The Development Source

Minimize Your Grant Proposal Risks

Developing a grant proposal to a government agency is a risky undertaking.  As Brenda Crist, the Managing Director, Strategic Solutions at the Lohfeld Consulting Group points out, there are predictable risks in proposal development that should be recognized and addressed.  If you do not, they will either affect your proposal development process; affect your proposed solution to the problem identified in the grant guidelines; or both.

Below are Ms. Crist’s four most common risks and her mitigation strategies for addressing them.  I think that most of us will recognize that these risks commonly appear in grant proposal development.

1.  Insufficient Information about the Government Agency

Conduct electronic research about the government agency

Engage the government agency outside the office at professional meetings, conferences, and other venues

Use ethical and reliable people and legitimate sources to provide more information and insight about the government agency

2.  Tight Schedule

Create a schedule that works backward from the deadline to the kick-off meeting

Build time into the schedule for delays and other problems

Get the resources you need to meet the deadline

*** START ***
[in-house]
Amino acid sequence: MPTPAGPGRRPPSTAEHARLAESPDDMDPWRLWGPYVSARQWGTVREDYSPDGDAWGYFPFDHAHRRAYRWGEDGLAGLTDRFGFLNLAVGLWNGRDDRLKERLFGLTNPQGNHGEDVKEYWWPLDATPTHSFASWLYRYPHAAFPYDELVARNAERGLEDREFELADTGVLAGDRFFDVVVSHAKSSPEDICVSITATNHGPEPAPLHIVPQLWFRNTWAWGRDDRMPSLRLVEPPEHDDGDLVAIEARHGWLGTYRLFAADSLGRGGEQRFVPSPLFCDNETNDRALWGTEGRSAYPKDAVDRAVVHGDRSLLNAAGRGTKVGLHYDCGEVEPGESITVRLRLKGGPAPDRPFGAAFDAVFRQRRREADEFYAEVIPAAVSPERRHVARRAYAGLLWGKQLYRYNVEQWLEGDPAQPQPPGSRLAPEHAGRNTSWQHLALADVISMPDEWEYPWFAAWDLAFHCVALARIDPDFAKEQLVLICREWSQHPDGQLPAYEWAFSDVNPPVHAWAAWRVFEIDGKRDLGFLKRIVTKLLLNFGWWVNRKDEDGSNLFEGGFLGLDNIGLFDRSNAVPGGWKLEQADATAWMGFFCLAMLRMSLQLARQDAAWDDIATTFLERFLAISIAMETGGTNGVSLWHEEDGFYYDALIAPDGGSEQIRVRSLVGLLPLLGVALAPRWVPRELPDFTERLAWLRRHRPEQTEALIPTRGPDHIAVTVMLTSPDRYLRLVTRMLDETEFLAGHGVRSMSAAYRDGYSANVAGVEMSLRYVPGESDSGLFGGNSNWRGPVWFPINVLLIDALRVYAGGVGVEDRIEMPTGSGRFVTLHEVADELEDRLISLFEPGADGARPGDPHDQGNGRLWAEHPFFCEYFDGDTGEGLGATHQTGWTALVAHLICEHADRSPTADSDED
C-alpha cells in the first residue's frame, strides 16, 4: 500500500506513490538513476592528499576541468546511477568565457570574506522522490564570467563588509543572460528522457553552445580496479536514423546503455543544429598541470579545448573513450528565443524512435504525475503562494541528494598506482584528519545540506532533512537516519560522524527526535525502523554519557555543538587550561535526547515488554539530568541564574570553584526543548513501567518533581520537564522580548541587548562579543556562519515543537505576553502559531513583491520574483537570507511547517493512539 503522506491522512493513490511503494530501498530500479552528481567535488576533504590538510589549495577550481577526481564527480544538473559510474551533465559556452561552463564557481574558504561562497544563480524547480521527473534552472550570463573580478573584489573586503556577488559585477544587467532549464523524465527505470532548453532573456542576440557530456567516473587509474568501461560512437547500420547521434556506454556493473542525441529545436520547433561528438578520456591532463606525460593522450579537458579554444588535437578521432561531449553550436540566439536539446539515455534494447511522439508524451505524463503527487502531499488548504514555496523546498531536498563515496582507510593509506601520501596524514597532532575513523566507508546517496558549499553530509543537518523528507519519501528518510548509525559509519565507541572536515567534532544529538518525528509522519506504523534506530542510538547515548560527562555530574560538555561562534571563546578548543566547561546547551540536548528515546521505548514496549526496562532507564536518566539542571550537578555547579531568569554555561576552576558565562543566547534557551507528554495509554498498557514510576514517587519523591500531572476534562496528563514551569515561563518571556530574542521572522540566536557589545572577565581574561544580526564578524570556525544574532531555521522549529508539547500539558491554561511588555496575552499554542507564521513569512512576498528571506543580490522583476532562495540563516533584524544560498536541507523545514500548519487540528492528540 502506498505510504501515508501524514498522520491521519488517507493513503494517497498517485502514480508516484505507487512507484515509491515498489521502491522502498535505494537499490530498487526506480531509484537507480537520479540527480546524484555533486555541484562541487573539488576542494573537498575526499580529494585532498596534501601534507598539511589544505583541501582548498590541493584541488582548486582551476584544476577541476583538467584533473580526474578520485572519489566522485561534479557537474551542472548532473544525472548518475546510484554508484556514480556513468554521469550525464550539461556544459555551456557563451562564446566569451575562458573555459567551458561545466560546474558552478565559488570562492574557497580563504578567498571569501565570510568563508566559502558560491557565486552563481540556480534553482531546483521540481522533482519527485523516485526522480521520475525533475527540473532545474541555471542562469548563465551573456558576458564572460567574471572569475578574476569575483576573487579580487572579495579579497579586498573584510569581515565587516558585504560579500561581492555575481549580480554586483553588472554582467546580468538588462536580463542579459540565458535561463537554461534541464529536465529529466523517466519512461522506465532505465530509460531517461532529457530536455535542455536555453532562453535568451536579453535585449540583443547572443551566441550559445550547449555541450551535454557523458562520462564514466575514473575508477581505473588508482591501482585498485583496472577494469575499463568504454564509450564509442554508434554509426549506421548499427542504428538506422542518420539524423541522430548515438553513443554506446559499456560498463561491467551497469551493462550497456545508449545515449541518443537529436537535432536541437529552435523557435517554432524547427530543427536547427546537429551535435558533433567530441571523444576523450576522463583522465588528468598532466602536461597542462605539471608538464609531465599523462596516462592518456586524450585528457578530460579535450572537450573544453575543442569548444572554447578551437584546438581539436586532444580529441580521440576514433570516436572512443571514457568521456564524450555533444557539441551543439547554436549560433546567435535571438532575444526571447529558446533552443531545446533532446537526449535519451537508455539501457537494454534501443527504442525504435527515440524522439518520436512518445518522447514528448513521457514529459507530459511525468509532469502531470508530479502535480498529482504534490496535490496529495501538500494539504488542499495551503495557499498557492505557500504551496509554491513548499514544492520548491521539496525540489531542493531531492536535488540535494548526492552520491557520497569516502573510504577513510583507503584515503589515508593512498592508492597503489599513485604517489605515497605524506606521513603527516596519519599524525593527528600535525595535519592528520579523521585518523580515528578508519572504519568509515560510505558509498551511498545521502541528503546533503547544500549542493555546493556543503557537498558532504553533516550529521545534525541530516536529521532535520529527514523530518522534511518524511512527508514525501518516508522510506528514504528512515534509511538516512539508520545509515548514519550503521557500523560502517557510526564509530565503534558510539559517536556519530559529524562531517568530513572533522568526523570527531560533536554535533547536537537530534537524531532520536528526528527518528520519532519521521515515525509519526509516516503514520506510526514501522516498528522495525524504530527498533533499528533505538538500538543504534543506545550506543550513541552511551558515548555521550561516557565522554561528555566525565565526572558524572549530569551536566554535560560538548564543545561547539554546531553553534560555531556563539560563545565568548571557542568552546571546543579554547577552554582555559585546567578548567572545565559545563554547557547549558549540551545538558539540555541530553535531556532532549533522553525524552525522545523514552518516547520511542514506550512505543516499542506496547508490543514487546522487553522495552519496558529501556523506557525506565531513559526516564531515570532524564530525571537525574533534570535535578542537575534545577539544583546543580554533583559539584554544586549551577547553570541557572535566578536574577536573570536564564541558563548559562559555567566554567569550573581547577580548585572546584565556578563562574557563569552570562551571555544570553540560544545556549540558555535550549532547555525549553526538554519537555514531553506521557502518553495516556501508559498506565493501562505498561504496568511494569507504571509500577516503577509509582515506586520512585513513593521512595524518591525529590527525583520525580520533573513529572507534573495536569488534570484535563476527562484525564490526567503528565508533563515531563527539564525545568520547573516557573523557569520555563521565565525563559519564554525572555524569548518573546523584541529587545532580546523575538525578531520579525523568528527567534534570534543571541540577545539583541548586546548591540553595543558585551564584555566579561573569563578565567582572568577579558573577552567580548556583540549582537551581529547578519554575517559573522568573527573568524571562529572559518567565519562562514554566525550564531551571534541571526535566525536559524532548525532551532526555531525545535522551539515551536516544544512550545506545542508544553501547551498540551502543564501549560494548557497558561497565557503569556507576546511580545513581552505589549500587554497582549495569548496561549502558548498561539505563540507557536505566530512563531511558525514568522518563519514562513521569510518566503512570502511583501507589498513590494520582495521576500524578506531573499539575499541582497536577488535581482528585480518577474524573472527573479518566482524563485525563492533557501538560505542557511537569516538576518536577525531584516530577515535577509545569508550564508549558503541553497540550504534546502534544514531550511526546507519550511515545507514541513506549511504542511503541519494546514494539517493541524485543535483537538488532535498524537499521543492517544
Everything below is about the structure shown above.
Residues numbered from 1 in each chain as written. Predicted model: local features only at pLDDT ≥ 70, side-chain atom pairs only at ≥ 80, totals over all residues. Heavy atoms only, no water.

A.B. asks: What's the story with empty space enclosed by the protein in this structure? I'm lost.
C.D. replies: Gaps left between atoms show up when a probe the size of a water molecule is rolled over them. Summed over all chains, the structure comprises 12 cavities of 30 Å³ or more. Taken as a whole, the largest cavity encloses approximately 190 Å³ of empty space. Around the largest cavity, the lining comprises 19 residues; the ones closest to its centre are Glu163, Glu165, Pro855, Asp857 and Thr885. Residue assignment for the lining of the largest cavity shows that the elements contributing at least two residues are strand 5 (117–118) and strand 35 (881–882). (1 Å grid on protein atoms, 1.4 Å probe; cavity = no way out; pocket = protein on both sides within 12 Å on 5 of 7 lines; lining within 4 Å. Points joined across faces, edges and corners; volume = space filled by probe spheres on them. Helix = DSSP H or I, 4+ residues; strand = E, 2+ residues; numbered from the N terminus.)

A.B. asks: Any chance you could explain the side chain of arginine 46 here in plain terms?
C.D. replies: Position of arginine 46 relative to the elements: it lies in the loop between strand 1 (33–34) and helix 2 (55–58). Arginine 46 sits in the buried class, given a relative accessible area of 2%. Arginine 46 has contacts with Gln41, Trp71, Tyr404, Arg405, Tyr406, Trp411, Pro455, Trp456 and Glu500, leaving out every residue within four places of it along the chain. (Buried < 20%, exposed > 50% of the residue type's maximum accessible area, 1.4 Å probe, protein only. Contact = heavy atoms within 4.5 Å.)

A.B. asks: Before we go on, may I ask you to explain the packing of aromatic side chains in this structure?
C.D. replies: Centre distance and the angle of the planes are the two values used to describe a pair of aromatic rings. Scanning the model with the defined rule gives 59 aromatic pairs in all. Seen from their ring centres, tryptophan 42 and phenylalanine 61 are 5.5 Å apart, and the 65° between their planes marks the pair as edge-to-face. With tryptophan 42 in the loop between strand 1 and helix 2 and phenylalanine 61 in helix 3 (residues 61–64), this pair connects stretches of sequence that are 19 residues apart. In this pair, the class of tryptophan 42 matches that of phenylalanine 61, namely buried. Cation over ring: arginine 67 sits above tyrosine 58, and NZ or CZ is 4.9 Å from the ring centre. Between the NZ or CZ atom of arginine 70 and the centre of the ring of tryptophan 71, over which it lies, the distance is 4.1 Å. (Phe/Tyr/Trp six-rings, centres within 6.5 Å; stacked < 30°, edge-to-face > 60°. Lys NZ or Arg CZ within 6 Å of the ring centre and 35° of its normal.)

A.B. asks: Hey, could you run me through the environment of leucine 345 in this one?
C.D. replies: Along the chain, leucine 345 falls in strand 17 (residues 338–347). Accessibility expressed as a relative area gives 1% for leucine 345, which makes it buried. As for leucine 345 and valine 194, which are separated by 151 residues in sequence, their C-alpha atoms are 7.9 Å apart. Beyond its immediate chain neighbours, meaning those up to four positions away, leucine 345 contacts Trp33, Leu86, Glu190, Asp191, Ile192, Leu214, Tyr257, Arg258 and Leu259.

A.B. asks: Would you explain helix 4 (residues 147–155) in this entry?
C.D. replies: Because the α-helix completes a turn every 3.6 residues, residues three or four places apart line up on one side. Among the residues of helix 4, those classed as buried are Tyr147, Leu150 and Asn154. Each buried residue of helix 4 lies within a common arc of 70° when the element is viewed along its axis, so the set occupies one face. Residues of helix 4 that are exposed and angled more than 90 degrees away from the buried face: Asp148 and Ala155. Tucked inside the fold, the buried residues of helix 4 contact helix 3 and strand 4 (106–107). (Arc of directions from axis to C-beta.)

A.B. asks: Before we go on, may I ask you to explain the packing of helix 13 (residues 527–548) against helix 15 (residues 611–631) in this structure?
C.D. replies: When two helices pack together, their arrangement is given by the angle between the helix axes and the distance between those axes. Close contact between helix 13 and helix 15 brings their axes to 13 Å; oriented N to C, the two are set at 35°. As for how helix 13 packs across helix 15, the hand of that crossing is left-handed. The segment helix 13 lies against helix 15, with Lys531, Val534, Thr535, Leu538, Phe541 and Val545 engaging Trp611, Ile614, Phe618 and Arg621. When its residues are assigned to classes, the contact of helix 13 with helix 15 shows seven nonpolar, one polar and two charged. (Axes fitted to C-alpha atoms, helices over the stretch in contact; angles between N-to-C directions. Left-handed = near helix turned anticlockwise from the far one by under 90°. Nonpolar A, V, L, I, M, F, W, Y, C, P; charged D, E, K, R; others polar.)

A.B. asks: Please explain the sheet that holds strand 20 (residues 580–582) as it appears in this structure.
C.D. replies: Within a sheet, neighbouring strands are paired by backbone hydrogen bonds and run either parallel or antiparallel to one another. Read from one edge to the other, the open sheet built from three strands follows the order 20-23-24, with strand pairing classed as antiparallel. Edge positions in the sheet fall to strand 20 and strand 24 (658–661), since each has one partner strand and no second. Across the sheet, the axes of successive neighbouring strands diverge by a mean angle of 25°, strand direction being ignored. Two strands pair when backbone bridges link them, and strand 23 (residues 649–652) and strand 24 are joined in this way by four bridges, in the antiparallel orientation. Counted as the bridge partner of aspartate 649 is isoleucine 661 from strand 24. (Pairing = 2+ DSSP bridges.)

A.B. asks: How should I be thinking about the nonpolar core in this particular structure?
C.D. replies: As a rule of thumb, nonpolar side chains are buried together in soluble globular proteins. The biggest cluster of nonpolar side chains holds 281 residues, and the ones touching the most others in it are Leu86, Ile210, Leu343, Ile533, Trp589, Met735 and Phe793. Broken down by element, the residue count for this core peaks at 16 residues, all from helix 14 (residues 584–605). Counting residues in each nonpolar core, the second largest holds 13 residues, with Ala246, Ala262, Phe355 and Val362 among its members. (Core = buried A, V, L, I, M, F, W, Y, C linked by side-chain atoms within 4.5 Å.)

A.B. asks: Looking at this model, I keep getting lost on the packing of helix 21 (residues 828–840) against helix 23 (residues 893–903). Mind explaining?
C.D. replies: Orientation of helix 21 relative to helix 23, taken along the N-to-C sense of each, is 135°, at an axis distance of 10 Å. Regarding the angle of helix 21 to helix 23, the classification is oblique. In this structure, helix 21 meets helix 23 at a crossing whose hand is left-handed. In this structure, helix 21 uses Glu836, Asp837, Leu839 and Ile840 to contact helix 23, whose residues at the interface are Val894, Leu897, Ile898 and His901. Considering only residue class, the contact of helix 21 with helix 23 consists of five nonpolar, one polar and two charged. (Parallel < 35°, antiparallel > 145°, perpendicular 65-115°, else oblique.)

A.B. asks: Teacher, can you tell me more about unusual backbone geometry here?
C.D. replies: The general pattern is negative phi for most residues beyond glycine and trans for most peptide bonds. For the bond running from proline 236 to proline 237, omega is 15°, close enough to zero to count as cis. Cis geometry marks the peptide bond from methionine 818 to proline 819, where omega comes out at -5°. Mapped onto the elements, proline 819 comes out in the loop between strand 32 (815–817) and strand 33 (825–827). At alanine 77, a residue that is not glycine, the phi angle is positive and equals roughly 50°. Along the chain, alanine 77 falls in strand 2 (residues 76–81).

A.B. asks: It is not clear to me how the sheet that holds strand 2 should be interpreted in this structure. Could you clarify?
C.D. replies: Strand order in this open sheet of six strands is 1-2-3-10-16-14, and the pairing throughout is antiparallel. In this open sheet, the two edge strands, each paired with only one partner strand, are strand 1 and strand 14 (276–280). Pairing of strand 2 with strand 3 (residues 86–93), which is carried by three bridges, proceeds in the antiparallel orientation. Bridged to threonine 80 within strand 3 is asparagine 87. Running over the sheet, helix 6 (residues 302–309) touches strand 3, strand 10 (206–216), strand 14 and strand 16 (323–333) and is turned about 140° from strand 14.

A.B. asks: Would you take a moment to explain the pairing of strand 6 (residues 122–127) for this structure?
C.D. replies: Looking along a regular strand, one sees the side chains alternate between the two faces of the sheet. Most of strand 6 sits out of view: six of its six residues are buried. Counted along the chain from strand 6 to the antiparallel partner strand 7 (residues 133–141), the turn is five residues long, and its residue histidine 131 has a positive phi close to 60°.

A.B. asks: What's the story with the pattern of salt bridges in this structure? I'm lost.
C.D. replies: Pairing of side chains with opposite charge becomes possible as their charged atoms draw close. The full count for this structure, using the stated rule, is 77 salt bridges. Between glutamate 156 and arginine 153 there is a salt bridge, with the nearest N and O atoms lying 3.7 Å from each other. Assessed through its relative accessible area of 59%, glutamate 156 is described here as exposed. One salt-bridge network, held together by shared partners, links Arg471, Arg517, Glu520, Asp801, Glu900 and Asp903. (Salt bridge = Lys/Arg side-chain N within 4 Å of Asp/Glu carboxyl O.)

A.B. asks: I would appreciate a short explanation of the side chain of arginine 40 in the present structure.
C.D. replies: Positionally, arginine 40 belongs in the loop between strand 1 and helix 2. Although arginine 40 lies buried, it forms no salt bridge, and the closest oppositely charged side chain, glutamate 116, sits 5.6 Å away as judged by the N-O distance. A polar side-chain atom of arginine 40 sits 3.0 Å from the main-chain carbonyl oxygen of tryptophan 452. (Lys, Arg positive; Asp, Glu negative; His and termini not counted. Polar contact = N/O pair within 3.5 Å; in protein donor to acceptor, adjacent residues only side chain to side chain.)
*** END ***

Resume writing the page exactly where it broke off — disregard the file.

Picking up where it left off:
3.  Scarce Resources

Establish a realistic proposal development budget

Identify and secure needed resources to do the proposal well, from equipment to people

Use consultants when necessary to bolster your proposal team

4.  Incompetent and/or Delusional Senior Management and Colleagues

Use a solid bid/no bid process to reject grant opportunities that you have little or no chance of winning

Create a risk mitigation plan

Provide sufficient time within your schedule to resolve difficulties and bottlenecks

Develop a good sense of humor and a stoical attitude about the proposal effort

I recommend that every grant proposal team develop a simple, clear risk strategies/risk mitigation plan before starting a proposal.  There should be five steps in this plan:

  • Risk Identification includes the transformation of risk factors into distinct project risks and risk consequences that can then be described, measured, and controlled.
  • Risk Analysis involves evaluating the properties of a risk to determine the expected impact and probability of the risk’s occurrence, as well as the likely time frame during which the risk can be expected to occur.
  • Risk Response planning is done to determine what should be done with a risk.  
  • Risk Tracking and control occurs as data related to individual risks is collected, compiled, and analyzed on a regular basis.
  • Risk Reaction involves developing and executing risk responses as risks occur.

As Ms. Crist shows, risks are common and predictable in proposal development.  Anticipate them and you will be a happier person and develop more successful grant proposals.



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